Boly: What are the three most important variables to consider when using triphasic training in your program?

Van Dyke: The consideration of quality versus capacity training and understanding of their use in programming is one critical aspect. Understanding that if maximal level outputs remain the primary goal, whether that be force, or the rate at which that force is produced, every coach and athlete must use a high quality method to achieve the greatest adaptations (as discussed above). The implementation of the block, as well as the modified undulated training models are two other vital aspects of improving performance. As athletes adapt, or become more accustomed to their training, greater and more specific stressors must be applied to continue to achieve improvements. The block training model considers each of the physical skills (strength, power, speed, etc.) and improves each on an individual basis for a training phase. This maximizes the amount of stress placed on that one physical skill and also prevents the body from being “confused” by multiple physical skills being trained simultaneously. The modified undulated training model utilizes the same strategy, but on a weekly basis. This ensures an athlete sees one, specific stressor each day. When programmed correctly, this improves the adaptation to the physical skill being trained to the highest extent.

Boly: Have you found a certain sport responds best with triphasic methods? Power oriented sports obviously, but any specific athletes that typically adapt really well?

Van Dyke: I wouldn’t say there is one specific sport that achieves the greatest changes due to triphasic training, but rather a type of athlete. As all athletes require the use of their stretch-shortening cycle, triphasic will improve that skill to the highest extent through the utilization of the muscle action phases and the french contrast model utilized. However, for athletes to utilize the high quality models for maximal improvements in performance, they must have some basic level strength. A beginner athlete should refer to the original triphasic programs as they provide greater time under tension and volume to continue to improve basic strength and other motor/movement patterns. However, as an athlete progresses they can begin to focus on higher quality training to maximize their force level outputs.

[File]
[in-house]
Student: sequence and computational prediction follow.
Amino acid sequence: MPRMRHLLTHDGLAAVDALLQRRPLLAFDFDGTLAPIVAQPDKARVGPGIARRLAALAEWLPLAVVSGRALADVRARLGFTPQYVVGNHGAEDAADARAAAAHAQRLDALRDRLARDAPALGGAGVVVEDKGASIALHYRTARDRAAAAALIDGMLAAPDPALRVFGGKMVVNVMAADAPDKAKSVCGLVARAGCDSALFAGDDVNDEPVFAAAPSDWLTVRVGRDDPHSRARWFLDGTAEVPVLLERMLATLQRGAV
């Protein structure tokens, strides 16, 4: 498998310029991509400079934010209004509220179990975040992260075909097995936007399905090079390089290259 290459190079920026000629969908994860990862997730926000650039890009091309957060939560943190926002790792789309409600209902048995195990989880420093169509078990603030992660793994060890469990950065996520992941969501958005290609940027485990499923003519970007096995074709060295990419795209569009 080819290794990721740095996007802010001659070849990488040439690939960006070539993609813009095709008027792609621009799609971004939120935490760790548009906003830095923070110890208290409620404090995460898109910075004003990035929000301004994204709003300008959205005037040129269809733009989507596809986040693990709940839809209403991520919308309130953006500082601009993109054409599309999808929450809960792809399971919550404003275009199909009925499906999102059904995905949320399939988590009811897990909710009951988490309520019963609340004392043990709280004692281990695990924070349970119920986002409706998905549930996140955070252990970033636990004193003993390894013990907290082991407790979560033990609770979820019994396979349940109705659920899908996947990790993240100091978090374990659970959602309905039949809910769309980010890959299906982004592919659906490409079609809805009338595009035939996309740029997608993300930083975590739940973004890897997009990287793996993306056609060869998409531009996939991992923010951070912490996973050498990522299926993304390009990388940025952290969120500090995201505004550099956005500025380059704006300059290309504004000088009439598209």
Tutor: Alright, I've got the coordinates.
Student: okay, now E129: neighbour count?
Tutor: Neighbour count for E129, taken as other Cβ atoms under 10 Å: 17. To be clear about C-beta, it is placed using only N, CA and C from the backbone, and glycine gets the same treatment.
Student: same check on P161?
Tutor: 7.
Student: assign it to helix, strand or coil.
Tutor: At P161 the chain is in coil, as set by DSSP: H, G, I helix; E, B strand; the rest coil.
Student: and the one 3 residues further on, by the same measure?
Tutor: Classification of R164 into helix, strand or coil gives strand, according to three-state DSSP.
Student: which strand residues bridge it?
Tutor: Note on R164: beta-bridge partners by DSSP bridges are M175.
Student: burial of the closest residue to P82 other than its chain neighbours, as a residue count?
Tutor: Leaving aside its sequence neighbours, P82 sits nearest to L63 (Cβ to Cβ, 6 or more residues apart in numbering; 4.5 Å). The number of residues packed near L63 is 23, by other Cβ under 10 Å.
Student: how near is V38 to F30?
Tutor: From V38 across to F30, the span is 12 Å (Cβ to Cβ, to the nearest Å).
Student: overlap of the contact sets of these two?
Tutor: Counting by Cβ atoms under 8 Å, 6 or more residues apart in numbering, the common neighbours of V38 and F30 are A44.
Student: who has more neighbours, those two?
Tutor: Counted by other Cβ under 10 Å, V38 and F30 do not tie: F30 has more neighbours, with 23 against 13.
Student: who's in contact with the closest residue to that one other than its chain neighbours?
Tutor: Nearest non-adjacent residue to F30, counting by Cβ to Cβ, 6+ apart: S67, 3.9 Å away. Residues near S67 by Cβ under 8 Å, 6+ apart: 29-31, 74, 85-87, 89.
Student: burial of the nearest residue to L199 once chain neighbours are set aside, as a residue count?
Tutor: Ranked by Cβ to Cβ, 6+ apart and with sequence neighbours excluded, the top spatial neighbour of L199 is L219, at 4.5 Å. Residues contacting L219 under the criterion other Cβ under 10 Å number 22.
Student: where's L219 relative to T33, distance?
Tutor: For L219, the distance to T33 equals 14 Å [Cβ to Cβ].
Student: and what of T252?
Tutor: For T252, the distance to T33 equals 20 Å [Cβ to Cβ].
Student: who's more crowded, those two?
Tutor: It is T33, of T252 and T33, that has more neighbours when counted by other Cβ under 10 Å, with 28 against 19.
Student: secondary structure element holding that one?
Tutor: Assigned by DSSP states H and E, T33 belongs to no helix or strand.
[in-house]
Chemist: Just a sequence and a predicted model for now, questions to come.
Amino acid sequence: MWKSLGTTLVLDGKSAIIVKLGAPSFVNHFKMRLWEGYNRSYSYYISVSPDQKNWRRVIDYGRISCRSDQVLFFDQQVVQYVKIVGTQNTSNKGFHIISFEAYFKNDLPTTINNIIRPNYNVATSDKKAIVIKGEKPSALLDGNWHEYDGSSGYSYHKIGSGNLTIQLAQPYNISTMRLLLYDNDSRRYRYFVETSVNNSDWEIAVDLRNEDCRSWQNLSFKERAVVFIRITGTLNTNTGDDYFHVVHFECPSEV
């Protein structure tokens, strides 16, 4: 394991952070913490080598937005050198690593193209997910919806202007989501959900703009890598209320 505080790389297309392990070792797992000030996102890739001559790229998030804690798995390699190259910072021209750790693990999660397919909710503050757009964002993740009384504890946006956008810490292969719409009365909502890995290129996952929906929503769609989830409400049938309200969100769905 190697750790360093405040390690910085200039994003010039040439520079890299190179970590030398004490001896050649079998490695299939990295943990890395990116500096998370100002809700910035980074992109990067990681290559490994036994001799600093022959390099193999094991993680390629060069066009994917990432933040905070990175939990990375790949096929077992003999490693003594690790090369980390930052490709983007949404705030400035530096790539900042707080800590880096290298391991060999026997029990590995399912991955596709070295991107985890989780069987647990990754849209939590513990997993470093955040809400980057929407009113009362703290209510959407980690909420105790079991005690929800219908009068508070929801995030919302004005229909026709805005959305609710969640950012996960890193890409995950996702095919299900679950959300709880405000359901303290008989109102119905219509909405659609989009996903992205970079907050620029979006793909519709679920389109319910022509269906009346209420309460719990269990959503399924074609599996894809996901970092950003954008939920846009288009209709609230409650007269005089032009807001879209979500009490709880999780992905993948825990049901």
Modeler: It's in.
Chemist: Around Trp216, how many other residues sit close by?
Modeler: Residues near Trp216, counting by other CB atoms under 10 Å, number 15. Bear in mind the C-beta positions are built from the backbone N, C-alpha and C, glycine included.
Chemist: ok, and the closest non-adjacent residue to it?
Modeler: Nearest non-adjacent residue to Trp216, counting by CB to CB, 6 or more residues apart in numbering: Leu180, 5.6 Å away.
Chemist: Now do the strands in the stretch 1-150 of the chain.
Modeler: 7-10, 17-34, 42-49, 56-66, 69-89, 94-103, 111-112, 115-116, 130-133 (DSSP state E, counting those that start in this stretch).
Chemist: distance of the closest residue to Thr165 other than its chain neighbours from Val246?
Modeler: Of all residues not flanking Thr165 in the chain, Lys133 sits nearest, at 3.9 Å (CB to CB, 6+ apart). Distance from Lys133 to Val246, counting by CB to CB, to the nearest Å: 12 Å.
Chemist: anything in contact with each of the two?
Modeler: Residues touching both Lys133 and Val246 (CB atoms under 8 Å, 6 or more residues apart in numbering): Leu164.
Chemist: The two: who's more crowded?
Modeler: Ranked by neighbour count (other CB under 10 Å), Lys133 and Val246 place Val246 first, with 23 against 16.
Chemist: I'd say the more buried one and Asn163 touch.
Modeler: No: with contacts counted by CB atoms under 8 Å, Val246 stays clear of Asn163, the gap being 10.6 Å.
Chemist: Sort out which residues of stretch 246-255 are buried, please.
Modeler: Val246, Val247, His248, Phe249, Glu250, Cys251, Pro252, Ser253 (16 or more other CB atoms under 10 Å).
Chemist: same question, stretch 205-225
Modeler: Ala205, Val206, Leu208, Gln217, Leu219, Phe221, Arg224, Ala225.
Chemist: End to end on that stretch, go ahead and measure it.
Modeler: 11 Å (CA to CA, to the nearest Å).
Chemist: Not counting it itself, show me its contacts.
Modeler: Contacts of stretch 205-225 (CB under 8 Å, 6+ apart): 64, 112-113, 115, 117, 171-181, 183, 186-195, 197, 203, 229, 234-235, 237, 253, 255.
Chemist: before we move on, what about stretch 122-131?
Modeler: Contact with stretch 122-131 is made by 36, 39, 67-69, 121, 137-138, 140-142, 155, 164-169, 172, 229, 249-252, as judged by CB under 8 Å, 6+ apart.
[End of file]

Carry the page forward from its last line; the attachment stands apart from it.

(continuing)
Applying Triphasic Training

Once you have an understanding of the three phases of dynamic movement and all of the factors triphasic training entails, you can begin to apply this training style in your workouts. In reality, this training style can be used in every phase of your training plan if done correctly. Below are two examples of how I would use triphasic training for a newer weightlifter who needs to develop a solid base of muscle. As a weightlighter improves, triphasic tempo can be decreased to become more explosive.

Compounds: Loading a compound movement can be a great way to teach the body how to handle heavier loads. By increasing the eccentric or downward motion, we learn to pack muscles more efficiently and handle the imposing demand on the nervous system. By doing this we can develop our ability to load muscle properly and still have the energy to concentrically perform after the initial load.

Example: Heavy back squats with a triphasic tempo of 400 (practice absorbing the weight).

Accessories: If you find a certain aspect is lacking in a compound, then programming triphasic concepts for accessories can be useful. For example, if you find hamstring strength is lacking in your back squat, using triphasic accessories may help their development and power production.

Example: Barbell Romanian deadlifts (RDL) with a triphasic tempo of 600 (hamstring development and explosiveness).

Triphasic Takeways

  • This training concept is one of the many ways that have been used to develop power in the weight room, it is not an end all be all, PAP is another style we’ve discussed.
  • The main focus and goal of triphasic training is to teach force absorption to create a powerful concentric movement.
  • Every coach will have their own interpretation of this method and programming style for power development.
  • Triphasic training can be used in every training phase, dependent on the needs and wants of the program, sport, and athlete.

Feature image from @Gopherstrength Instagram page